Chris d Craiker AIA/NCARB
California likes to think it is the most environmentally-correct State in the Union. We created the California Environmental Quality Act -CEQA-as a test of how we treat our surroundings and protect the environment. The problem is, it’s antiquated and out of touch with the reality of today’s world.
Before I find rocks thrown through my front windows, let’s look at where we’ve been and where we have yet to go. CEQA was signed into law in 1970 by Governor Ronald Reagan with the intent of reducing potential environmental impacts of proposed projects. Since then, the underlying assumption is that all development is riskier and more dangerous than doing nothing. Nothing can be further from the truth. The future is going to require us to look at saving the environment while taking the thumb off the scale that favors maintaining status quo.
In Marin County, an abandon quarry was set to install 4272 solar panels on 11.5 acres. The project would have generated 1.98 MW of electricity, thanks to Marin Clean Energy using the nearby power grid. This was turned down by the Supervisors when neighbors lobbied vigorously, claiming the installation to be unattractive. The solar farm was attacked and ultimately turned down by Marin County strictly on aesthetics, not even for any reasonable environmental considerations.
CEQAs basic philosophy is, any physical change by a proposed project that can adversely affect the environment, the neighborhood, or your mother’s apple pie, can’t proceed without extensive studies, public hearings, mitigation requirements and ultimately modification.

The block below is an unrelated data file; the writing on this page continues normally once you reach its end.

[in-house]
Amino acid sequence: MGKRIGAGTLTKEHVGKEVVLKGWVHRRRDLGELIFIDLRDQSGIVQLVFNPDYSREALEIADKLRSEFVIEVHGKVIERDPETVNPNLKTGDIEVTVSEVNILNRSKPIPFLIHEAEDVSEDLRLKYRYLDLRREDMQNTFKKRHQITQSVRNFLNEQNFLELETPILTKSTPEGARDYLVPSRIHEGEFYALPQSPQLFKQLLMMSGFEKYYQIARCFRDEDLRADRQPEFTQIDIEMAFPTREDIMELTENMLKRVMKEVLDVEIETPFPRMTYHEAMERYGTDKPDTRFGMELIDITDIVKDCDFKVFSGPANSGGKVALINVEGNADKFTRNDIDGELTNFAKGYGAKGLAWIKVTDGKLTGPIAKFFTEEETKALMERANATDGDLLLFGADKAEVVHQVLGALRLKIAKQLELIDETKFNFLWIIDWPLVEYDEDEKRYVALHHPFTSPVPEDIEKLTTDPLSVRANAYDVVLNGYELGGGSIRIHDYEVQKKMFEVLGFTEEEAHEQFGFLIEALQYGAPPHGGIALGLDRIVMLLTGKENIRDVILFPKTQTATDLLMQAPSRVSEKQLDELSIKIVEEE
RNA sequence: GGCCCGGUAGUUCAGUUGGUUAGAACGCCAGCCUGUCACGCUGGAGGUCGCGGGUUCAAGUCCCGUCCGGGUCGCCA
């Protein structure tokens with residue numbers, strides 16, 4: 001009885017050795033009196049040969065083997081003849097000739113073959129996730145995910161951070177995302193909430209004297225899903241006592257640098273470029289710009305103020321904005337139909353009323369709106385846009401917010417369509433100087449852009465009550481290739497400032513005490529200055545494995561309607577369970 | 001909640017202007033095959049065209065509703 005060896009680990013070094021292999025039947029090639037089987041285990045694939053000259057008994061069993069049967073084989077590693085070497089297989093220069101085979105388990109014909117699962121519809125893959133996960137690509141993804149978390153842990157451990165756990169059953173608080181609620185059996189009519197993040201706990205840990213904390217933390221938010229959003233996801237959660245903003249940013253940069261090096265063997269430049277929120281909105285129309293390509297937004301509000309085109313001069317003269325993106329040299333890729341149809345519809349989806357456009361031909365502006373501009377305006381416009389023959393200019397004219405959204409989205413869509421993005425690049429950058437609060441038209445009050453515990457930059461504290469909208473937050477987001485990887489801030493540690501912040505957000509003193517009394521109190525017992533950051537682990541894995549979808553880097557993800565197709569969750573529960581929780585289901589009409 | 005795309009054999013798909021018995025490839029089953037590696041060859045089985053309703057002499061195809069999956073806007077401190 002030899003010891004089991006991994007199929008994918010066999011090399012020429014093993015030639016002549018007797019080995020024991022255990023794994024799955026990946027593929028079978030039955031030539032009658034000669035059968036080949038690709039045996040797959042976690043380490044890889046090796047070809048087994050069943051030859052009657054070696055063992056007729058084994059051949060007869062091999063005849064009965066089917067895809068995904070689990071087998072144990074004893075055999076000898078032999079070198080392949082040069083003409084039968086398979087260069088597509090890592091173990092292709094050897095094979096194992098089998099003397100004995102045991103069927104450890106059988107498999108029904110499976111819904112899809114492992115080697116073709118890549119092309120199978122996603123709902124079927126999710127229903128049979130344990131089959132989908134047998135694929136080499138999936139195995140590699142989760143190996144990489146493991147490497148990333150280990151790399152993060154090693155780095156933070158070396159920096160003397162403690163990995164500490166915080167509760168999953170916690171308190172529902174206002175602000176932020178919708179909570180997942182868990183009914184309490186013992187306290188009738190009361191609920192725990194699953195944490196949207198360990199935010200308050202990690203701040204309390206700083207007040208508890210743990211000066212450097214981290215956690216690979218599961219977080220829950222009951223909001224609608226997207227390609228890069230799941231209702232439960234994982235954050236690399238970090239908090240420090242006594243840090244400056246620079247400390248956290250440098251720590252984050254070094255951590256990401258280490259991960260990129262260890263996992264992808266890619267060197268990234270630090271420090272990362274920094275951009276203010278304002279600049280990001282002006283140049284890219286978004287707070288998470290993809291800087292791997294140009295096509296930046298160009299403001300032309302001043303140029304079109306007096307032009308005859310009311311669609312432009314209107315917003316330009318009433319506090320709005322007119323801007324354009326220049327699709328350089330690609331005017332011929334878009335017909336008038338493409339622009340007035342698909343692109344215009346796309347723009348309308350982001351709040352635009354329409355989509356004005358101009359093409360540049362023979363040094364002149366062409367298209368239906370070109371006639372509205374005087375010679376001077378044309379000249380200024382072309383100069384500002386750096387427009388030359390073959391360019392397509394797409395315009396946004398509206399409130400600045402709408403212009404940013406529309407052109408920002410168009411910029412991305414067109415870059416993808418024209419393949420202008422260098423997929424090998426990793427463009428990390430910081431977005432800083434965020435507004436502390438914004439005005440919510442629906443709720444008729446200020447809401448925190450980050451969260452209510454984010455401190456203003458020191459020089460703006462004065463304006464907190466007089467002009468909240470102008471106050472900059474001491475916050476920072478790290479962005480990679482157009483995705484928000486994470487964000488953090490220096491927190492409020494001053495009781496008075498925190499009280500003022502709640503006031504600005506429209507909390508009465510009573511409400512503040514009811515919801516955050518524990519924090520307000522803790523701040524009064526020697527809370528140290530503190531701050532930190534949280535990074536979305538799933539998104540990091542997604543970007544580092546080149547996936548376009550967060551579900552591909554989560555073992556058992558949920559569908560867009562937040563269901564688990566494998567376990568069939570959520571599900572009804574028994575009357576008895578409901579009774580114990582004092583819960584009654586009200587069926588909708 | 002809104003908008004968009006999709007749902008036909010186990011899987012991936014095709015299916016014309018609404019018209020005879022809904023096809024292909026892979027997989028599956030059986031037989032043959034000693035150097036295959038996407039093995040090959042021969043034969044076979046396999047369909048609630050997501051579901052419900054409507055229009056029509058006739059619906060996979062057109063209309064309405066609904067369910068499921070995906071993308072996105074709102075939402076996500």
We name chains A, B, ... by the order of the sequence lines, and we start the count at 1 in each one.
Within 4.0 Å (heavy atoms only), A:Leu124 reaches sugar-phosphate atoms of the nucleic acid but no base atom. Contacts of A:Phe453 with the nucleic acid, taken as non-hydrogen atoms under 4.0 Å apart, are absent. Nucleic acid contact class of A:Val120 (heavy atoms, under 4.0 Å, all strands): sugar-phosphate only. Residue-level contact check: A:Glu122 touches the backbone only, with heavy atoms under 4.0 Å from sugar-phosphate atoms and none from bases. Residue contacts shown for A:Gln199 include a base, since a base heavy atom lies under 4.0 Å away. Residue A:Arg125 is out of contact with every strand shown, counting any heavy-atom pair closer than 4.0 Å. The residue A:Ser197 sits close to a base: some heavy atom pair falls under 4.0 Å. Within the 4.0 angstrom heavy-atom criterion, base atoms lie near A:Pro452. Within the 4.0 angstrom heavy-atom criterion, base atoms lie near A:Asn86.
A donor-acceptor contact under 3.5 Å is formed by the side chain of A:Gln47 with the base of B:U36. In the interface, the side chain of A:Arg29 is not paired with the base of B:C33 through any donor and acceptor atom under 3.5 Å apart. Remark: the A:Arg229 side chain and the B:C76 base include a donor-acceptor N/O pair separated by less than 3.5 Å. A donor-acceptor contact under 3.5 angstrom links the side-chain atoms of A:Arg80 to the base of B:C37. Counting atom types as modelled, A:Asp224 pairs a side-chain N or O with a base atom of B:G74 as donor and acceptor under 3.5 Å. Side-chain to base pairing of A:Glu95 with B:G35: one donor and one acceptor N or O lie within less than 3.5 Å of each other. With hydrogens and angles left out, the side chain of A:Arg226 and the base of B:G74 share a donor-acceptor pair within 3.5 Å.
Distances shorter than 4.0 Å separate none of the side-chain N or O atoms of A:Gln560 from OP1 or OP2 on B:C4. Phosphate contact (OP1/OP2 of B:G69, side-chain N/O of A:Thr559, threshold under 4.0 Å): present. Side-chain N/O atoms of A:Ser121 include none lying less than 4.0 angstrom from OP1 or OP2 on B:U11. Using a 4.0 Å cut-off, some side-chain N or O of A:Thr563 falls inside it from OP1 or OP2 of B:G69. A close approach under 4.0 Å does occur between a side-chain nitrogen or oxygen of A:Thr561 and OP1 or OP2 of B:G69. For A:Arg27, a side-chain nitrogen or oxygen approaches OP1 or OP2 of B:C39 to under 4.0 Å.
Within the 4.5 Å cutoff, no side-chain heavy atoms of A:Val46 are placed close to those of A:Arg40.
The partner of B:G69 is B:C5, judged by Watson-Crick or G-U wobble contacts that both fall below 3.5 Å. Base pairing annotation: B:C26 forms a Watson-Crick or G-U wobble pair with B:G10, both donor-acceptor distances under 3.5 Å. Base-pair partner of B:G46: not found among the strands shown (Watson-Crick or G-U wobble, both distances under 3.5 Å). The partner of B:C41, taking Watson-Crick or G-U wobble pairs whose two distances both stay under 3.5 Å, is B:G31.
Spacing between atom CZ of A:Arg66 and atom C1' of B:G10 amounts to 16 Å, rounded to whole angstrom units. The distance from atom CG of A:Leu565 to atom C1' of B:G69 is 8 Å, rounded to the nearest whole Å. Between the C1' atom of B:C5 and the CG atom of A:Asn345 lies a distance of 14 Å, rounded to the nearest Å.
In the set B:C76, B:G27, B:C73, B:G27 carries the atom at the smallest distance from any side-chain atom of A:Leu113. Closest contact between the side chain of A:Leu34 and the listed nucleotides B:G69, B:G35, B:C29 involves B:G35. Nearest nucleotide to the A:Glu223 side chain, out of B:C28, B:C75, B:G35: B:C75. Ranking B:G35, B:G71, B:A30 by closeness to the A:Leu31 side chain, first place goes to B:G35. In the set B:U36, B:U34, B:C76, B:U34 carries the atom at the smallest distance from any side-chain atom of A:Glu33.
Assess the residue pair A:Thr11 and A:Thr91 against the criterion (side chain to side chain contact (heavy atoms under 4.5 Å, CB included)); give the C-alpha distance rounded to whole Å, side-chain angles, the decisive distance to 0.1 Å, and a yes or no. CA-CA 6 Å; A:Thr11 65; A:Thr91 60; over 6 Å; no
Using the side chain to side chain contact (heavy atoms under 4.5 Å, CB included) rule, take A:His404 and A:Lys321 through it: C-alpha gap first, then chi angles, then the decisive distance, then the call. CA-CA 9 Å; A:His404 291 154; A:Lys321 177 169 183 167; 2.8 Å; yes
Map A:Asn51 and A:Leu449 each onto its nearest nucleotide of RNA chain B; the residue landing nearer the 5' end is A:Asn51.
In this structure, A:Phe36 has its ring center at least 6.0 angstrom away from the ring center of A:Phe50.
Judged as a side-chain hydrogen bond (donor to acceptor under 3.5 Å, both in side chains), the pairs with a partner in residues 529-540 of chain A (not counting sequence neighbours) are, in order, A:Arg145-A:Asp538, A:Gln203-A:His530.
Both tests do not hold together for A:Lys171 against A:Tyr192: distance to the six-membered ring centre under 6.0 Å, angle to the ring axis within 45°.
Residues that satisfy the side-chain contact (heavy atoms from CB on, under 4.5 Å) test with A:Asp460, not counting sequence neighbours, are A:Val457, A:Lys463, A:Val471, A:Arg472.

That might be necessary for local communities with truly serious fragile environmental issues but we are now facing extreme Climate Change challenges that will require the pivoting of this Titanic state, the Queen of regulations. We will need vast solar, wind and tidal farms to wane us off our carbon addiction. If our future will be tied to a carbon- free world, we will require extensive infrastructure changes in a very short period of time. Climate Change is here now and we have to prepare to deal with it.
The public typically does not listen to developers or individuals trying to improve or repair something. In Los Angeles a developer trying to redevelop a 20 year vacant Montgomery Ward site has been stalled, not by NIMBYs, but by labor unions to force the project to use Union Labor. The misuse of CEQA has become a common complaint among developers in Los Angeles, who say they experience tremendous hurdles and increased costs as the result of frivolous lawsuits destroy indefinitely housing projects.
I’m sure a many Napan’s and a lot of Californians would like to say “no more housing!” But we need workers, we need healthcare providers and first responders. Who is going to wipe the drool from our chins when we’re old? Who is going to do our plumbing and how are we going to deal with the homeless issue unless we provide fast response guidelines, not kill them. Expediting CEQA does not mean eliminating environmental scrutiny of proposed projects. Instead, new guidelines that prescribe fast track methodologies and exceptions to speed things up.
The Legislature is considering a handful of bills to loosen CEQA’s rules. Governor Newsom has called for fast-tracking judicial CEQA review of housing projects. CEQA contains a section of Exceptions that could be expanded to allow more infill and green energy projects. Criteria must be generated make our state more energy efficient while protecting our environment. Infill sites should not be treated like third class citizens. Granted, the sites are left vacant or under-utilized because they are expensive to develop but now is the time to make them acceptable.
My argument is not that we should not do away with CEQA or eliminate environmental protection, but we must streamline the process and use it as a tool for bettering our environment, not arbitrarily protecting the status quo lifestyle of a few. Manipulation of CEQA must stop.
Chris d Craiker AIA/NCARB says CEQA is pronounced “See Qua”